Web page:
BRADENTON -- One wants to continue upon the successes of its first charter in Manatee County by opening a second school. The other wanted to restore services to at-risk students through a charter school as opposed to a contract school.
Now, only one will come before the Manatee County School Board on Tuesday, as the board is set to consider signing an extension on a charter application for Team Success STEM and delay a final ruling until November. After signing an extension at a previous meeting, Manatee Y Technological School officials decided to pull their application from the running Friday.
The board was set to deny both charter applications Sept. 23, but ultimately tabled ruling on the applications to discuss whether the district could review additional materials sent over by officials at the YMCA the day of the meeting. Representatives from Team Success were also in attendance that night and the district signed an extension for that school as well.
The Manatee County School District decided it would review the additional materials sent by the two schools, even though the application process was already over. After reviewing the additional information, the board had planned to deny Manatee Y's again, but sign an additional extension for Team Success STEM's application.
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Manatee Y's additional materials ran 29 pages. Team Success STEM's additional materials ran 61 pages and district officials have yet to fully work through the materials, which is why they are requesting an extension from the board. Team Success STEM officials have already agreed to the extension.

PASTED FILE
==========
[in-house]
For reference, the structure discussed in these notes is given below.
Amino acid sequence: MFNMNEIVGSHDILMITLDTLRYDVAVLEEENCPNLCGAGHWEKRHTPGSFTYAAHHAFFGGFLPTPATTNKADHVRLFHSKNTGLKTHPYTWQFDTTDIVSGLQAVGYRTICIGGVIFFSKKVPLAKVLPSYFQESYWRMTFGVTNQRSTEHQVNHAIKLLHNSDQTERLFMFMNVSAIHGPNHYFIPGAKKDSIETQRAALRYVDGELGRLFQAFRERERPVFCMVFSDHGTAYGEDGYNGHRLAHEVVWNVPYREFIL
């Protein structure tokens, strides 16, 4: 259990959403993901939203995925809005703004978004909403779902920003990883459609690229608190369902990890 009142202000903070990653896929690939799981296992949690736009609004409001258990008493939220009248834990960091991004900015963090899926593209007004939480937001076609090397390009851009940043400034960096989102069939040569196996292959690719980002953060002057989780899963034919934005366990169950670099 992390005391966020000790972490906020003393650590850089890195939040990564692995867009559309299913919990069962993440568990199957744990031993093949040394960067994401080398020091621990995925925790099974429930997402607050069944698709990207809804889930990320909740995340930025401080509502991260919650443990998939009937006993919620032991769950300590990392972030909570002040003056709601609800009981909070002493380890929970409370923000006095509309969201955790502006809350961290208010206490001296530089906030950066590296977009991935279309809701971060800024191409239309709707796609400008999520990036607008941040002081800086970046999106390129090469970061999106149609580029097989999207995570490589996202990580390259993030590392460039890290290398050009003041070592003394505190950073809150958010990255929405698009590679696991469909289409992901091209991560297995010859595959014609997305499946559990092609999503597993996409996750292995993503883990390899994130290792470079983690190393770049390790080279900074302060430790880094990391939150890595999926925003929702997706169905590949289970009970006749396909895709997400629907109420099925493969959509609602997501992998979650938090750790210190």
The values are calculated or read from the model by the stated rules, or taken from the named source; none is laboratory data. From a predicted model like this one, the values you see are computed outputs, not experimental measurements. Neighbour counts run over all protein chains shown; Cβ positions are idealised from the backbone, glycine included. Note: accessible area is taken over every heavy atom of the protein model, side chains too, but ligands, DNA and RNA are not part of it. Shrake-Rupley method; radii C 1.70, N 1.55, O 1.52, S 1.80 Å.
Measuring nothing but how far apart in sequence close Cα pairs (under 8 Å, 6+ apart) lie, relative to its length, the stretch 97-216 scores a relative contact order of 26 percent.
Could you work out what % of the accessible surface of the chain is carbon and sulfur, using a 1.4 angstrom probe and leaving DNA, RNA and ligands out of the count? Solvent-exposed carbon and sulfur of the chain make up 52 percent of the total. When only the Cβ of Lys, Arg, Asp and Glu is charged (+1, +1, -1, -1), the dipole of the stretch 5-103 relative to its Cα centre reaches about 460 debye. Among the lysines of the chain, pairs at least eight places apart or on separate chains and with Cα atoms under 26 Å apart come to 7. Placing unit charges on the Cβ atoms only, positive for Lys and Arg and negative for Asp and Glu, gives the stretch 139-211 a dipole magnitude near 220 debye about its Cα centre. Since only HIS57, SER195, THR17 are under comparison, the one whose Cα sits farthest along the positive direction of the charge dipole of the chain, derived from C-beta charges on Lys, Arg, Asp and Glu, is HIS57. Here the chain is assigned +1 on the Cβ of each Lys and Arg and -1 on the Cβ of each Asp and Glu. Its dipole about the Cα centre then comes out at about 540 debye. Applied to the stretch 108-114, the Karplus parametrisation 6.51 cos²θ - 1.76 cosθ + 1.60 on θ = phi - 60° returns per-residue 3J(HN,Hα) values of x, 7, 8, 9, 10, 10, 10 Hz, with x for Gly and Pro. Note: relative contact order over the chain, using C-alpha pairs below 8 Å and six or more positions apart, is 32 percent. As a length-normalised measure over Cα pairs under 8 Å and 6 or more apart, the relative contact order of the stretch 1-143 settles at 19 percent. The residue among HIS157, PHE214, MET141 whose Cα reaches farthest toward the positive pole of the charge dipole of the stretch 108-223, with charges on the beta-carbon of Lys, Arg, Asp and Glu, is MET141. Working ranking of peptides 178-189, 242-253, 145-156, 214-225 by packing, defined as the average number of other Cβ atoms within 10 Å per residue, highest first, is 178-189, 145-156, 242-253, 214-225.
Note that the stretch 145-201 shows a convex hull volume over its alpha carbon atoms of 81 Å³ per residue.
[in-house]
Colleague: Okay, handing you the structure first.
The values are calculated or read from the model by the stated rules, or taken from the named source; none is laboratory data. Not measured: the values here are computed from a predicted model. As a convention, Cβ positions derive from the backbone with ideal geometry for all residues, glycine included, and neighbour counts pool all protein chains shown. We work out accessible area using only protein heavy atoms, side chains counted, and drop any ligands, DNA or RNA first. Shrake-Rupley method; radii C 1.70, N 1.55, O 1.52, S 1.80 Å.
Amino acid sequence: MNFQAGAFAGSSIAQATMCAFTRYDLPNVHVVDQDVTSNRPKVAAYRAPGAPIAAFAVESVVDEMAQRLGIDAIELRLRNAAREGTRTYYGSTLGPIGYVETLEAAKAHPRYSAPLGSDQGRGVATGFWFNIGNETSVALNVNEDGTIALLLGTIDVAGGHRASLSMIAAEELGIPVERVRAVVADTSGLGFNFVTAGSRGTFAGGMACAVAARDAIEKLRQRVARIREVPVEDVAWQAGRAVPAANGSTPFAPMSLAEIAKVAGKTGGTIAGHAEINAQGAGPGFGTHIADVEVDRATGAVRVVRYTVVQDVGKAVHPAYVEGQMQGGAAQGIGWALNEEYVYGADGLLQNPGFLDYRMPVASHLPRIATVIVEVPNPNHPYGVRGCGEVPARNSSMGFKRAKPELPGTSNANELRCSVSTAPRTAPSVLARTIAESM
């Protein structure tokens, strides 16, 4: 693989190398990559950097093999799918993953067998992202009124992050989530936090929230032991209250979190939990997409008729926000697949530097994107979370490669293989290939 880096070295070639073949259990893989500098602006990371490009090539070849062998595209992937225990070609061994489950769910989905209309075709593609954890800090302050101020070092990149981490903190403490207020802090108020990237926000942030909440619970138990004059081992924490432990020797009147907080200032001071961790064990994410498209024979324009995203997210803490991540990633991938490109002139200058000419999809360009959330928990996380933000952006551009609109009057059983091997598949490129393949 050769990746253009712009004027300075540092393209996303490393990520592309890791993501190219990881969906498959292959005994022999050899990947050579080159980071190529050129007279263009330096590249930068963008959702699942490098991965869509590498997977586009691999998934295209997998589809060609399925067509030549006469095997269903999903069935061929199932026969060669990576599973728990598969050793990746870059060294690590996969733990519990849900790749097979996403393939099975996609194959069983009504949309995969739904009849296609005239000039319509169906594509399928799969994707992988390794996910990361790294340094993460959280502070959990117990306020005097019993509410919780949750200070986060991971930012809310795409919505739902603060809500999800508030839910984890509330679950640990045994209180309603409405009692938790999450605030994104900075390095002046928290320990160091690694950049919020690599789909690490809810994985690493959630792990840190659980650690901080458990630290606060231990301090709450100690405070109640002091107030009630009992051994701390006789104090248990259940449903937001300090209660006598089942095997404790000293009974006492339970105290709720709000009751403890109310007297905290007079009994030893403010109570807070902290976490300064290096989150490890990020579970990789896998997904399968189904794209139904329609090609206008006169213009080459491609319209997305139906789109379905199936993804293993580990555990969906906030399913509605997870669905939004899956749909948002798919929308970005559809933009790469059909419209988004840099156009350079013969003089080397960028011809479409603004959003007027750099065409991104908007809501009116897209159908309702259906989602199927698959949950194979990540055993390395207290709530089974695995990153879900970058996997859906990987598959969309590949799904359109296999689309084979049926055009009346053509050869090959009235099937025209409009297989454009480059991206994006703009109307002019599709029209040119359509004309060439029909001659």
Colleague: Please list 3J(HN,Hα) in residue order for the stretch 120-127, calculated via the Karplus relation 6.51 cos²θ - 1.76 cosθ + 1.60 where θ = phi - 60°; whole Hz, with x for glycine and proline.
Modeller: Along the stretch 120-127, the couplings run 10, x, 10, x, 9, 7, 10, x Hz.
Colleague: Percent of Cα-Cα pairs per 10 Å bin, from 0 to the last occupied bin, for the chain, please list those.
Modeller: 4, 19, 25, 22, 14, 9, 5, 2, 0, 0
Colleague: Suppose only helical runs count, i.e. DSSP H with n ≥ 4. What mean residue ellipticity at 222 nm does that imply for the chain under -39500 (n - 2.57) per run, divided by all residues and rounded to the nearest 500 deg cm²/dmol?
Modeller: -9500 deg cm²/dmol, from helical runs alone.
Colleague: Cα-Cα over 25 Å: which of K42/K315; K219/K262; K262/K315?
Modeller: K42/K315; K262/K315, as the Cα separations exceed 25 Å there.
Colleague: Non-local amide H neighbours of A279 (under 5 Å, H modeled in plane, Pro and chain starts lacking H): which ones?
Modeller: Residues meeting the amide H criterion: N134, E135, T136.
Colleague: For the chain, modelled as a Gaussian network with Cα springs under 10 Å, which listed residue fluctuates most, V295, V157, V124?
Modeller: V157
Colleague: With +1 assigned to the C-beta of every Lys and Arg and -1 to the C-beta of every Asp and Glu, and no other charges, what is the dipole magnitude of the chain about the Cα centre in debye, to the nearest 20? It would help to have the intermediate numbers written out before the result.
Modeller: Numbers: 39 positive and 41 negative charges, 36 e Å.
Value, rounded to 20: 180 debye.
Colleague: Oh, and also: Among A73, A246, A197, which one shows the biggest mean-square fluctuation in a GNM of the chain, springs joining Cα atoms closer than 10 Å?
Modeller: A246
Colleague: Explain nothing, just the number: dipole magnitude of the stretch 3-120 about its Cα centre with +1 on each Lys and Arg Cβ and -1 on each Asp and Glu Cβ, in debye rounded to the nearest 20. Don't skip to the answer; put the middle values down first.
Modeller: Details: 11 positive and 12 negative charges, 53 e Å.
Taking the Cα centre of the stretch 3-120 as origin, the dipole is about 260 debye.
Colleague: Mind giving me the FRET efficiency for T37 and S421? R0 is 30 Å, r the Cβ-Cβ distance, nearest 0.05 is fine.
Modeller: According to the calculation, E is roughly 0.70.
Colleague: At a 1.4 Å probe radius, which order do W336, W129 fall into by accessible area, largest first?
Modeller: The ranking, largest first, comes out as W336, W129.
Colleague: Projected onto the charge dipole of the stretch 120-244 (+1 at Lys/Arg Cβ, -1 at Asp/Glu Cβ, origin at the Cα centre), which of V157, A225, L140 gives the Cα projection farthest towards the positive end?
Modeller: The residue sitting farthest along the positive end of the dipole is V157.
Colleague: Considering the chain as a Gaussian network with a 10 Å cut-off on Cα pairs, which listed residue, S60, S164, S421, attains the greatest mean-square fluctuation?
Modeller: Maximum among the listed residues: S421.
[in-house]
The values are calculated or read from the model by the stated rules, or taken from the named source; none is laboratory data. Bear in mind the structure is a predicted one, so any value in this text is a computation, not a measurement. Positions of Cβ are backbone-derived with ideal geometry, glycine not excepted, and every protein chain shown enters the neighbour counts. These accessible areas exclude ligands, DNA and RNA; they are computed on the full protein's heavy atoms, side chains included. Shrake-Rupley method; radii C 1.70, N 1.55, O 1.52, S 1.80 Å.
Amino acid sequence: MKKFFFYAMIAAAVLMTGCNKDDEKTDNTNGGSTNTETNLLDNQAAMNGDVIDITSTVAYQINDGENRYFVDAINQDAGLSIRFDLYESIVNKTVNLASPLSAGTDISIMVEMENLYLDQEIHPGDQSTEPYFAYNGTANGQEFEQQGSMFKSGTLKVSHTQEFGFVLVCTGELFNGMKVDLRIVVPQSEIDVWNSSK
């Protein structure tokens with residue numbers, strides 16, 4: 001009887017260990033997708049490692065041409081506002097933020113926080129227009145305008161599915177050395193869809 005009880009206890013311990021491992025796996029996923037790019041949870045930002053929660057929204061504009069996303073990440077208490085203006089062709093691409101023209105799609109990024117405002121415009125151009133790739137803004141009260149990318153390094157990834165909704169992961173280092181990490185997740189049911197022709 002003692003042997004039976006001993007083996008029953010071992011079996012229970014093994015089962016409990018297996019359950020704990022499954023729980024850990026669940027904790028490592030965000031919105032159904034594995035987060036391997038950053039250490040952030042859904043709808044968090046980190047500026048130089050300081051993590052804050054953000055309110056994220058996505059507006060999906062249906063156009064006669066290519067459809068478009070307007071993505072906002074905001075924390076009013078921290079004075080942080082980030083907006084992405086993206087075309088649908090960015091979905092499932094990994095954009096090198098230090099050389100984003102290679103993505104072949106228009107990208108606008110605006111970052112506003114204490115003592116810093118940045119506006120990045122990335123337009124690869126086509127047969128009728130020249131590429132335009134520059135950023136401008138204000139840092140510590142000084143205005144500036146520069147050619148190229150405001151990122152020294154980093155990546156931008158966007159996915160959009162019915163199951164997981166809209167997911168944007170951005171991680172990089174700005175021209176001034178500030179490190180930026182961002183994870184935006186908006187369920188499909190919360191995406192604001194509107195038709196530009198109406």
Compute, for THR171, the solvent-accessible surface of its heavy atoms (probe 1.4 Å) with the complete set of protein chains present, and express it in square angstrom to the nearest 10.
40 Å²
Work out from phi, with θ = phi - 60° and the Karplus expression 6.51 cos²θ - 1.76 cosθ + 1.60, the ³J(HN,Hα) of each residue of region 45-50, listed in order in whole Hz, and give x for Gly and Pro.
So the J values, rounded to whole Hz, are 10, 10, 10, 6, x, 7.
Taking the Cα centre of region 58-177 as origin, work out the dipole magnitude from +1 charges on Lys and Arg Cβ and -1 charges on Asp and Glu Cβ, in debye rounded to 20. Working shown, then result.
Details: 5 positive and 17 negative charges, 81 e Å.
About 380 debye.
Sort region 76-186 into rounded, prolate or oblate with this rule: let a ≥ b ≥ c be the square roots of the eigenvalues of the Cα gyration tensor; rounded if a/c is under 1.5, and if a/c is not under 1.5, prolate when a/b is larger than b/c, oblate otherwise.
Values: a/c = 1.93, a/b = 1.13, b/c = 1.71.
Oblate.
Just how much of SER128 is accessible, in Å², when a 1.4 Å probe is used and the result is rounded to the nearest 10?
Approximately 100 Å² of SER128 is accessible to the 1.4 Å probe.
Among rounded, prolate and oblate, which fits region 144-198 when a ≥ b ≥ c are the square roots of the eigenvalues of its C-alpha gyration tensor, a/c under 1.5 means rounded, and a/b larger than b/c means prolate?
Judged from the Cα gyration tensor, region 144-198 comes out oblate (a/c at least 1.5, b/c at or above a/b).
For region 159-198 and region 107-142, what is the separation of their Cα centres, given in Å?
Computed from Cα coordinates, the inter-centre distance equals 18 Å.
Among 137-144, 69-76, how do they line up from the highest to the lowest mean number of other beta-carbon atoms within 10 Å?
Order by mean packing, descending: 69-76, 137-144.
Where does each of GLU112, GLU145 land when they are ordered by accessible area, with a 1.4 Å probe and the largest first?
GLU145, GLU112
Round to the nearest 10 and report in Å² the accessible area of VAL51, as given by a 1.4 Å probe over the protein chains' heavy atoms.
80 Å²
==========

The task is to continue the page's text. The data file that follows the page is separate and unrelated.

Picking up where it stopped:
The regular charter applications can run up to 200 pages and details how the school will be run, are reviewed and graded by a committee using a state tool that includes 19 categories, and each application is considered in its entirety, officials said. Among the categories are budget, curriculum plan, exceptional students and student performance and assessment.
The committee then makes recommendations to the board.
Currently, the district has 12 charter schools, 51 traditional schools and Manatee Technical Institute. The newest charter school, Rowlett Academy of Arts and Communication, opened in August. Rowlett was also a conversion charter school and was once a district magnet school. When applying for a charter, Rowlett Academy of Arts and Communication met the standards in 15 areas, partially met the standards in three areas, and one area that did not apply, said Linda Guilfoyle, the director of district support and the district contact for charter schools.
Charter schools are public schools with fewer restraints and restrictions than the traditional schools run by the local school district. The local school board is responsible for reviewing the applications and making a determination on whether the charters fit state and local requirements and can open.
On Sept. 23, the board did deny a charter application for Cortez High School. Two others applicants withdrew from consideration when told by the district they would not be recommended for approval by the board.
Team Success STEM
Team Success, the district's only Title I elementary charter school, wants to expand and open a new charter school under the same brand, focusing on sci
ence, technology, engineering and mathematics.
"We're very strong in math and science. This would be a natural progression," said Fred Spence, the Team Success chief executive officer.